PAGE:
Family Counseling Approach

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The Issue of Choice: Cognitive-Behavioral Therapy
Melissa Trask
Liberty University
May 12, 2010

Counseling has been in existence from the beginning of time. From Jethro to Freud, therapists and philosophers have been seeking insight into the core of human nature and cognitions. Cognitive-Behavioral therapy(CBT) recognizes that faulty cognitions and beliefs affect the behaviors of individuals. One method of cognitive-behavior therapy, reality therapy, incorporates the concepts of free choice and personal responsibility that are taught both in Scripture and Dr. William Glasser’s choice theory. Other aspects of CBT, such as cognitive restructuring and Rational Emotive Behavior Therapy (REBT), also work towards eliminating negativistic attitudes of clients in exchange for more effective and realistic methods for interpreting the situations experienced in daily life.

The Issue of Choice: Cognitive-Behavioral Therapy
It is suggested that an individual’s personality is a complex system of cognition, emotion, will, physiology, and spirituality. Hawkins proposes nine aspects of the human self to be active influences on one’s personality: “body, cognition, feelings, volition, human spirit, Holy Spirit, sin/flesh/SAS, temporal systems, and spiritual systems (Hawkins COUN507_BO1_200920). Each therapist individually determines what factors they believe to make up a person’s being. Larry Crabb views humans as involving both the physical and spiritual aspects of man. Man’s personality is then separated into five parts: the conscious mind, unconscious mind, heart, will, and emotions. He argues that the way in which an individual identifies what takes place in his/her life determines the emotional or behavioral outcome (Crabb, 1977). The cognitive-behavioral therapist sees individuals as functioning within continuous, shared interactions between behaviors and social conditions. Although these theorists once focused solely on the environmental factors that contribute to unhealthy behaviors, present day behaviorists also acknowledge the need for self-regulation and self-direction in order to change behaviors. Likewise, reality therapy, one of many subtypes of cognitive-behavior therapy, proposes that men and women consciously influence the way the feel and behave. Rather than blaming one’s current situation on the past or on other people’s actions and attitudes, Reality Therapy (also known as Choice Theory) argues that individuals have a clear choice as to how situations and other people influence them (Rapport, 2007).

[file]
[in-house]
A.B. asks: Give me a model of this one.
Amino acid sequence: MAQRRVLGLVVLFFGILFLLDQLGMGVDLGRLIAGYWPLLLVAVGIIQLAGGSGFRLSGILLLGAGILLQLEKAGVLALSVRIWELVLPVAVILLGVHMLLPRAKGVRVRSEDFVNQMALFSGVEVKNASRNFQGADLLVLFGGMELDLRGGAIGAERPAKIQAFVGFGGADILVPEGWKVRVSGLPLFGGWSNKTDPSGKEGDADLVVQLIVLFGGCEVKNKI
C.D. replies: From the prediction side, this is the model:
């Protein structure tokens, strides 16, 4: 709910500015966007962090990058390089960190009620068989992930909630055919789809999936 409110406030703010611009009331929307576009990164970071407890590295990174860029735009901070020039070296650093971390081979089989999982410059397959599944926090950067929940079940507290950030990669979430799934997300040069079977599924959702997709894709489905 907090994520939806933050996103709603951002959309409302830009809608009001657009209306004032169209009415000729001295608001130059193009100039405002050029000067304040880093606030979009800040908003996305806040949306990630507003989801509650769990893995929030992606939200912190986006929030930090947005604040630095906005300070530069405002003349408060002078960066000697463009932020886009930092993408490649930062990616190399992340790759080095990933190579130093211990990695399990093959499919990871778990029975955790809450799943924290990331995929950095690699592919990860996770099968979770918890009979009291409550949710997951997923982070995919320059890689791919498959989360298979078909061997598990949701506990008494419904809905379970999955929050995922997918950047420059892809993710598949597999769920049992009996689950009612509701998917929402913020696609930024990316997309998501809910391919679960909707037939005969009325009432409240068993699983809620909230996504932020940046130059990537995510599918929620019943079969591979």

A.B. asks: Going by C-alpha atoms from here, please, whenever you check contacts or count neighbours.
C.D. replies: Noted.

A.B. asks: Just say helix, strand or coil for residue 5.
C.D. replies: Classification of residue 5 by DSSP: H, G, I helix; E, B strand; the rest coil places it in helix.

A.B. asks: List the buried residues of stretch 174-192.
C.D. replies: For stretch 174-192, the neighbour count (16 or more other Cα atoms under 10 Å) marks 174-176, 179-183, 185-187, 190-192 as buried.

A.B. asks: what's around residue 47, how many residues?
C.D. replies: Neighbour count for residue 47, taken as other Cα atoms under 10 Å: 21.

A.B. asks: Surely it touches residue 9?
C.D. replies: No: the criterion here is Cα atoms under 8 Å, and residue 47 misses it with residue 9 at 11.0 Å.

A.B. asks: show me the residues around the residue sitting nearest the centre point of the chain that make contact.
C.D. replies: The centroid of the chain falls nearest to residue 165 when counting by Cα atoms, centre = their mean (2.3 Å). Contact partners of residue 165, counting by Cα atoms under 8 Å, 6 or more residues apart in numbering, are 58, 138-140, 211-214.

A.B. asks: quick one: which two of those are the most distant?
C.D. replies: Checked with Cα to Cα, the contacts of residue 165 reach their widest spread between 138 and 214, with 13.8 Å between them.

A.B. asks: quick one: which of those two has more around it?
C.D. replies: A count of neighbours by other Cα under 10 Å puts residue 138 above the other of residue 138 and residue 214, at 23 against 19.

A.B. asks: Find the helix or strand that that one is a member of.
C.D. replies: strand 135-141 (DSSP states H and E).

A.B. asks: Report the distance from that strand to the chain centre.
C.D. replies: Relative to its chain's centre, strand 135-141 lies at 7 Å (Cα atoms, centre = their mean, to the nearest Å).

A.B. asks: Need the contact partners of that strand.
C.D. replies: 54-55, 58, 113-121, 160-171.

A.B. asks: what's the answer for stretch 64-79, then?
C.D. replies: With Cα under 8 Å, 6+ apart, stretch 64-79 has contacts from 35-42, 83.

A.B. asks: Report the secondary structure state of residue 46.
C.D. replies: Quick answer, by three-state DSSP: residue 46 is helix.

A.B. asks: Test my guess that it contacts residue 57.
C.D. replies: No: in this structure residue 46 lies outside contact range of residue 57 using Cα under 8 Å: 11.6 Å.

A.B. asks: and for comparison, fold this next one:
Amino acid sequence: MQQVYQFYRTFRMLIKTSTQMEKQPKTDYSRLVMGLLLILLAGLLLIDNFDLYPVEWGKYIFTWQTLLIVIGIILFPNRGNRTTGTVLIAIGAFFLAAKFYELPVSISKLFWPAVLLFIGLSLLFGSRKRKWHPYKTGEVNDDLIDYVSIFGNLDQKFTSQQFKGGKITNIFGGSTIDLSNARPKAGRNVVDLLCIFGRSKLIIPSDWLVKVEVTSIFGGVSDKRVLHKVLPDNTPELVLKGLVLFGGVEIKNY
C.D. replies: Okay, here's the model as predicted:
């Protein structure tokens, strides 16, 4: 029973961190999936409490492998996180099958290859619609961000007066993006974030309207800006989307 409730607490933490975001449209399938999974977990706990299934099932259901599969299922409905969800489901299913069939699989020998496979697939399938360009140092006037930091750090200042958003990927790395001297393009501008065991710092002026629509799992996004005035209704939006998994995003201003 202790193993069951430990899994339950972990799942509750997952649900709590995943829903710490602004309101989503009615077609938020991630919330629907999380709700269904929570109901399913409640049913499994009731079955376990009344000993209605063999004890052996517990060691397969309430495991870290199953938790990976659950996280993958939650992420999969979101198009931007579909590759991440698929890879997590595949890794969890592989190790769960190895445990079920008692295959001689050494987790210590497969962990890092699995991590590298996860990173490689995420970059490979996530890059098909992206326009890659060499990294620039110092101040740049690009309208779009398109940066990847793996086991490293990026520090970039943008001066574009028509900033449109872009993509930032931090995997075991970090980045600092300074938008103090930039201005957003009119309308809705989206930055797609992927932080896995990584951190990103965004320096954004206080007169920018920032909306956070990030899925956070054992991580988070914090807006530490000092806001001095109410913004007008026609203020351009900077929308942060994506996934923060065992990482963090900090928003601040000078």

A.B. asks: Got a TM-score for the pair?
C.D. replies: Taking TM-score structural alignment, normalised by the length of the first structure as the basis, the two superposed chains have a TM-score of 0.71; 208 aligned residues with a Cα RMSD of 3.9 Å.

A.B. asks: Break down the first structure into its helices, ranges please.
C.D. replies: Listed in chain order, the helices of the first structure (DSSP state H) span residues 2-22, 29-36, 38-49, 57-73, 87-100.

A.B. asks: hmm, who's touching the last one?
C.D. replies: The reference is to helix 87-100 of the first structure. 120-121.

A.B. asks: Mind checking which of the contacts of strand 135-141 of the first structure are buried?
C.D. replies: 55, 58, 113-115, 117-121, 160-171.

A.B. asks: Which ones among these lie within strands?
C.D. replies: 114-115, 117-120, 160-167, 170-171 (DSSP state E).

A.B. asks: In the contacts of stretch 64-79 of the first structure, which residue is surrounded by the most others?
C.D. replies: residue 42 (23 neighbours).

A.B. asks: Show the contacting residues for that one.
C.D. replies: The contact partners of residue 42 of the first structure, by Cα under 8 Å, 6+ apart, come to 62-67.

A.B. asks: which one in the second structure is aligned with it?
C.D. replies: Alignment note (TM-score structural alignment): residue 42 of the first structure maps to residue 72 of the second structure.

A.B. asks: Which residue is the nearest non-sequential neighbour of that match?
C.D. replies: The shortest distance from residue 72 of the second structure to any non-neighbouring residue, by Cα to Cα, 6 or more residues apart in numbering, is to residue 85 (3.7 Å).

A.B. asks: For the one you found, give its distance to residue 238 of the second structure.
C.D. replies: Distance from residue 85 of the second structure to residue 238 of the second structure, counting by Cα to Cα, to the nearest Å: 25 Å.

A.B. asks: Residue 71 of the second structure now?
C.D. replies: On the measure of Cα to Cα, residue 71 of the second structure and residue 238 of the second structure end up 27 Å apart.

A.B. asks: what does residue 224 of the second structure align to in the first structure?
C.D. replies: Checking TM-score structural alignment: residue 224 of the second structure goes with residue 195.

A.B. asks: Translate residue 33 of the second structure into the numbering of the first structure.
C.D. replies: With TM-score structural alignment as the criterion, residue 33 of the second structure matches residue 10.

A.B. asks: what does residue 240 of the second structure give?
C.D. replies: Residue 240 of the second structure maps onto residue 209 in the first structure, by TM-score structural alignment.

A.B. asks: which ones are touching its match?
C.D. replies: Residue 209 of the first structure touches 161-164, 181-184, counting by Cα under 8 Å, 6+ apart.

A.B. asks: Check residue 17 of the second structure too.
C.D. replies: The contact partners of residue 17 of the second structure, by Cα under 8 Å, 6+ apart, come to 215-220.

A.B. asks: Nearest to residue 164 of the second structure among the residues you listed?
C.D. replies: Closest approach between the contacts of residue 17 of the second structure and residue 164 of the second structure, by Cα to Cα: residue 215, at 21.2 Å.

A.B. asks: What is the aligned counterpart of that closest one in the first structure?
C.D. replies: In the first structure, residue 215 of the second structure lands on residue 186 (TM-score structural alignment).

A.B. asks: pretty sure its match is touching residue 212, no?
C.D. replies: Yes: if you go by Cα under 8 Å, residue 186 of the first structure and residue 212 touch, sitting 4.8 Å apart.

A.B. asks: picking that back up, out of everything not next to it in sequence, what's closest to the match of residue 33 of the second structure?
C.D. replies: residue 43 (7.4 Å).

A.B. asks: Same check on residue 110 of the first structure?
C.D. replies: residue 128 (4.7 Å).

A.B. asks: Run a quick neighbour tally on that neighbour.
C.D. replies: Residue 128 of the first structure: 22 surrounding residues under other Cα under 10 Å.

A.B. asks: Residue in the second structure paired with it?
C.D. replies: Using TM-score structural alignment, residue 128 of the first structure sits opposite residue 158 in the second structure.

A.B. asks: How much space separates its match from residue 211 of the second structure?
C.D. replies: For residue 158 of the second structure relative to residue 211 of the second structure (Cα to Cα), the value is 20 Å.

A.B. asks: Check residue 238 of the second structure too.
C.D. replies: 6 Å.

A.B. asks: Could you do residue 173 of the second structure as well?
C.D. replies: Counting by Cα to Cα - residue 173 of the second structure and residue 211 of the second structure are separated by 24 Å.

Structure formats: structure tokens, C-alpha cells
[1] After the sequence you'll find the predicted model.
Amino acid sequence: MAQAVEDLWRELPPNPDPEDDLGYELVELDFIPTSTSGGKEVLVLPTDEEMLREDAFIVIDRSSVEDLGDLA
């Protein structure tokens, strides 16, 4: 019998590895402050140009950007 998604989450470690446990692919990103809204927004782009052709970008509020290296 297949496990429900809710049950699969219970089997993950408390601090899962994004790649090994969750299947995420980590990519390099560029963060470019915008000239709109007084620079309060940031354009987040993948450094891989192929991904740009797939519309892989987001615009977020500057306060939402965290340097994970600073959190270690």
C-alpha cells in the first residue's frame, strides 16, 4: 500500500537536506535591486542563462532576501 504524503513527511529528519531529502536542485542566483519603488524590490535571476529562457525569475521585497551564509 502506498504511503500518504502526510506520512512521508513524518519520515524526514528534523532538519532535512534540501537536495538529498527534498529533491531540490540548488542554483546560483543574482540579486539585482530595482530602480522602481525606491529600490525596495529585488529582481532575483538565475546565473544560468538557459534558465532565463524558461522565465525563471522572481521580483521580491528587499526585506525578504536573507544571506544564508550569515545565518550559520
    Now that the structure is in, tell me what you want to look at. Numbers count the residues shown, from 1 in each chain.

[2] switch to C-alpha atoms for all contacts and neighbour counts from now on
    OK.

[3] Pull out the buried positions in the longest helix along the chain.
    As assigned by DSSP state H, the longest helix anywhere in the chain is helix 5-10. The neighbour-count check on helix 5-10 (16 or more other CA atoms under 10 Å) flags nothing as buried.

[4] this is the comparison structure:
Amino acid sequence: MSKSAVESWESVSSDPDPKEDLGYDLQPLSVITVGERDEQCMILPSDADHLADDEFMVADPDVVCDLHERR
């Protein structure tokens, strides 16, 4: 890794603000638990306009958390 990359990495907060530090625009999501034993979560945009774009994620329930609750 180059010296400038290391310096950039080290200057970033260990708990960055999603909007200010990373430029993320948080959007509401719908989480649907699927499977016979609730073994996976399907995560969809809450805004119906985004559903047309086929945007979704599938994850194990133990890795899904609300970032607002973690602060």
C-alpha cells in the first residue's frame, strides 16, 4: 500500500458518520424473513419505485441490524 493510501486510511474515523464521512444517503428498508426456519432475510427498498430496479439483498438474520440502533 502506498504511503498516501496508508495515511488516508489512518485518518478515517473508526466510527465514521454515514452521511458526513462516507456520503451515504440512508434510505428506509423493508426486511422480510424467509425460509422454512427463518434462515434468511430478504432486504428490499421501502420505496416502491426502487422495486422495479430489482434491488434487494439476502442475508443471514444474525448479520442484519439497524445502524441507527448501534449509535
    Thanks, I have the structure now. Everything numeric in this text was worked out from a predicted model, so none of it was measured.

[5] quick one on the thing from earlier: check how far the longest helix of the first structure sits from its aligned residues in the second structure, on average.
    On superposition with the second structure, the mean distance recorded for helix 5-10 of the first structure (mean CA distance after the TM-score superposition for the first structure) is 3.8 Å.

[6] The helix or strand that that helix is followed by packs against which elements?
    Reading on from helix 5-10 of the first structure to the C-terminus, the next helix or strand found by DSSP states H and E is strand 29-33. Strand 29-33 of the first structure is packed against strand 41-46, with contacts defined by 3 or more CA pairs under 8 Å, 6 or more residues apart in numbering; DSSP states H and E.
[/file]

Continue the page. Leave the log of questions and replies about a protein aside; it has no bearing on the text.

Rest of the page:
Glasser’s choice theory maintains that every individual is driven by their attempt to meet their primal needs: love, power, acceptance, survival, freedom and fun. Furthermore, Glasser proposes that human beings are motivated to fulfill each need at every moment of their life (Howatt, 2001). Crabb is in agreement with Glasser as he claims that “all behavior is motivated, we are motivated to meet our needs” (Crabb, 1977, p. 76). Reality Therapy assumes human beings only experience true contentment when they find their needs are met. A common theme of various counseling theories is the result of what individuals accept as truth on their emotional state. Glasser alleges that it is not external forces that control human behavior, but an internal locus of control as he states that “Nothing we do is caused by what happens outside of us. If we believe that what we do is caused by forces outside of us, we are acting like dead machines” (Howatt, 2001, p. 8).

Where many in the medical and psychology fields would view human dysfunction in terms of an “illness”, Glasser suggests that negative symptoms are the result of poor choices, not a mental disease. For instance, someone who views themselves as depressed is viewed as being “depressing” as that individual is choosing to live in misery rather than changing his/her environment for the better (Howatt,...
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